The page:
Pentagon: The Little State Department
I begin this article by saying I have the highest regard for men and women serving in our Armed Forces. I, furthermore, greatly admire and respect our Veterans of current and “forgotten” wars. All the men in my family have served in the U.S. military. My mother was a personal secretary to a general at a munitions facility during World War II. It is with deep regret that I feel compelled to share my personal views of the Pentagon. The “voice” of the Pentagon, in its current configuration, mimics the voice of the U.S. State Department. It is a voice we have heard before. It is the voice of appeasement, the status quo and self-serving interests. We read of generals being put in Leavenworth for quid pro quo deals with defense contractors. We read of higher-ups chastising troops expressing natural frustrations. We read of the downplaying of Russian intrusions into American airspace and territorial waters. We read of gross counterintelligence failures, most notably at Fort Hood. We read of fallen soldiers being denied “live” taps at funerals because of “fiscal concerns.” We read of horror stories at the VA. We read of Arlington Cemetery foul-ups. We read of soldiers being reprimanded for the most trivial of matters, while higher-ups in the Pentagon retire with swollen pensions, paid for by the American taxpayer. The list goes on.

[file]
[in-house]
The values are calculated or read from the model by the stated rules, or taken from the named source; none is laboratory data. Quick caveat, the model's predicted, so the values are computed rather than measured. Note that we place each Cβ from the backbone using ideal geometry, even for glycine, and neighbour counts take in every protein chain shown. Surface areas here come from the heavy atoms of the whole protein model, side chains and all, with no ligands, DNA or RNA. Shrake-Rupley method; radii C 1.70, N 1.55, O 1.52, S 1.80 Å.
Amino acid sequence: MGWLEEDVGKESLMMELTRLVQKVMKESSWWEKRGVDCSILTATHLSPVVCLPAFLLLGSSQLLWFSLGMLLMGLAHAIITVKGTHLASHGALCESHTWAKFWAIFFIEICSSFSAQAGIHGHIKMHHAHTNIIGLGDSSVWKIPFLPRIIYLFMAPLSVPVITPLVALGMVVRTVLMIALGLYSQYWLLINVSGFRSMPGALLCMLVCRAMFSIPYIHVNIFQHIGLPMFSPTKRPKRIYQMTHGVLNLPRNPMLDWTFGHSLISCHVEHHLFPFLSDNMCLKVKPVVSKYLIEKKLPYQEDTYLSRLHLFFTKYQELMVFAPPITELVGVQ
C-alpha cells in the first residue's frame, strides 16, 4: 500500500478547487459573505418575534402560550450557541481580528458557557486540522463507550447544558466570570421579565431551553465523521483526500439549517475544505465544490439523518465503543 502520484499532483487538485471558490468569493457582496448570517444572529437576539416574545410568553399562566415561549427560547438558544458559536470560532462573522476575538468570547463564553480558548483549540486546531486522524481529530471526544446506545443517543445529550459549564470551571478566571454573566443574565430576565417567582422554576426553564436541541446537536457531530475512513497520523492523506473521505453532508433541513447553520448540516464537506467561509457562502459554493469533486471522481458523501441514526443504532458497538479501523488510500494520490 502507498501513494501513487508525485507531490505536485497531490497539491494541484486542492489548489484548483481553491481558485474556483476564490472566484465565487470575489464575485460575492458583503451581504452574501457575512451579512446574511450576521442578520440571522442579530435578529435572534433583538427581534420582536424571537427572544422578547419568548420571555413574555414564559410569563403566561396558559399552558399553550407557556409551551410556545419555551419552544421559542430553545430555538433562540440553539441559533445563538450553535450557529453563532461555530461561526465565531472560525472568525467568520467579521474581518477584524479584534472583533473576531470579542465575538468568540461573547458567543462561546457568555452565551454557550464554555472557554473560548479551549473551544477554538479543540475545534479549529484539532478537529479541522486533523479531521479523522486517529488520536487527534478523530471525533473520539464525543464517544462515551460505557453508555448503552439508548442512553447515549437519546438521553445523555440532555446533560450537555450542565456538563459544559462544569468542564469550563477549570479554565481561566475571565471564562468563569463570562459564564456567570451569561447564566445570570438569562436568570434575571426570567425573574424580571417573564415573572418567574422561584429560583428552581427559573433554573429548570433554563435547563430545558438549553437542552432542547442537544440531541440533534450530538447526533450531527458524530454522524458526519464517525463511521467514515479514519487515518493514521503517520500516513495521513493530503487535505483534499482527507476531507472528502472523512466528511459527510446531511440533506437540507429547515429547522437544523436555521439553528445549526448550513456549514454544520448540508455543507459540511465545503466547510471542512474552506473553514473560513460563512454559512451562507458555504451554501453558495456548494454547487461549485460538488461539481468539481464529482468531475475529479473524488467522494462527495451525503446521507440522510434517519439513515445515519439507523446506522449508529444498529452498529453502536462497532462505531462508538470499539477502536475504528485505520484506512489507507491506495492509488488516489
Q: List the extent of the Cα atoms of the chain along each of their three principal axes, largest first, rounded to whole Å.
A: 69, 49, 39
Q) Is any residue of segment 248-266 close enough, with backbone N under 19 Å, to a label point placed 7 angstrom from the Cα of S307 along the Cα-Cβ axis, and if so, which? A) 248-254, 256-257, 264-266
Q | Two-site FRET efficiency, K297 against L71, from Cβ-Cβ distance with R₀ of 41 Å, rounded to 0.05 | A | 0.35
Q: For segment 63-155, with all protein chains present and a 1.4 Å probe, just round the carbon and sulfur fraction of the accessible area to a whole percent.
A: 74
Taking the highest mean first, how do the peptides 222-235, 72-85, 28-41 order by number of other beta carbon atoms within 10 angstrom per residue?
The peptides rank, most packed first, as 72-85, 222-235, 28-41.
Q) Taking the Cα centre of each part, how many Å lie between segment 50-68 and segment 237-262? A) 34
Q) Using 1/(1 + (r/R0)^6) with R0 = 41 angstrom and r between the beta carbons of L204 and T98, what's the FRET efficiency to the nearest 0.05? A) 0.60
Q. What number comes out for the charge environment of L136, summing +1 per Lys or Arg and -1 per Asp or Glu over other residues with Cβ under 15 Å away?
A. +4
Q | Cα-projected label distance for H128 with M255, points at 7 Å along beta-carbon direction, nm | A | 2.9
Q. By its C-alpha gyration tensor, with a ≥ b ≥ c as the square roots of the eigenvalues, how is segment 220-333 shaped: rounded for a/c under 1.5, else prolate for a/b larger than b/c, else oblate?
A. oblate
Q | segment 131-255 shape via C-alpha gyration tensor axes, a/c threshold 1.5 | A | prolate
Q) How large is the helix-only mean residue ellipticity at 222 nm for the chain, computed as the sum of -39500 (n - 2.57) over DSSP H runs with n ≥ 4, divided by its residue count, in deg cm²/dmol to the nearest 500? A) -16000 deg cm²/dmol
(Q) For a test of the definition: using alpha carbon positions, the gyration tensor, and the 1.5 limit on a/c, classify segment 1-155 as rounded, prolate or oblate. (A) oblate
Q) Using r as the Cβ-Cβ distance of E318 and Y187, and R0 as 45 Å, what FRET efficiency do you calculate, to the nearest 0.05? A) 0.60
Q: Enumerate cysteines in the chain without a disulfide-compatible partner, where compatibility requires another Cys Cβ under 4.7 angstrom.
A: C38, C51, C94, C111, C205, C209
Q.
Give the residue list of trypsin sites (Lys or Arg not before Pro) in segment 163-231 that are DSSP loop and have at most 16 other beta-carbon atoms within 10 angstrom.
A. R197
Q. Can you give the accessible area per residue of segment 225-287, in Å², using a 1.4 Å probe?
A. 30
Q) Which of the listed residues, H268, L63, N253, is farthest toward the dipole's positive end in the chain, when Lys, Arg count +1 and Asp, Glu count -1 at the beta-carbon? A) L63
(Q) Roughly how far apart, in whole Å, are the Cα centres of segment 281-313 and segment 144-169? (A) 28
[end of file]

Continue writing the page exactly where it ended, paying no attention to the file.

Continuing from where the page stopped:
Let’s get to the bottom line. The Pentagon has not won a war in over 60 years unless, of course, one counts Iraq which was indeed won but is now unraveling due to incompetence and elitist group-think. This is not the fault of our fighting men and women
The future of the Pentagon, which I hope will once again be vital and healthy, is in jeopardy. The Pentagon is like a listing ship heading perilously into an iceberg of entitlement.
Some say morale in the U.S. military is low. If true, it is easy to lay blame.
Military higher-ups need to look in the mirror and ask themselves these questions: Am I in uniform out of a sense of duty, or am I here for self-aggrandizing reasons? Is it duty, or the pension and “goodies”?
How the brass answers these questions will determine the fate of the Pentagon.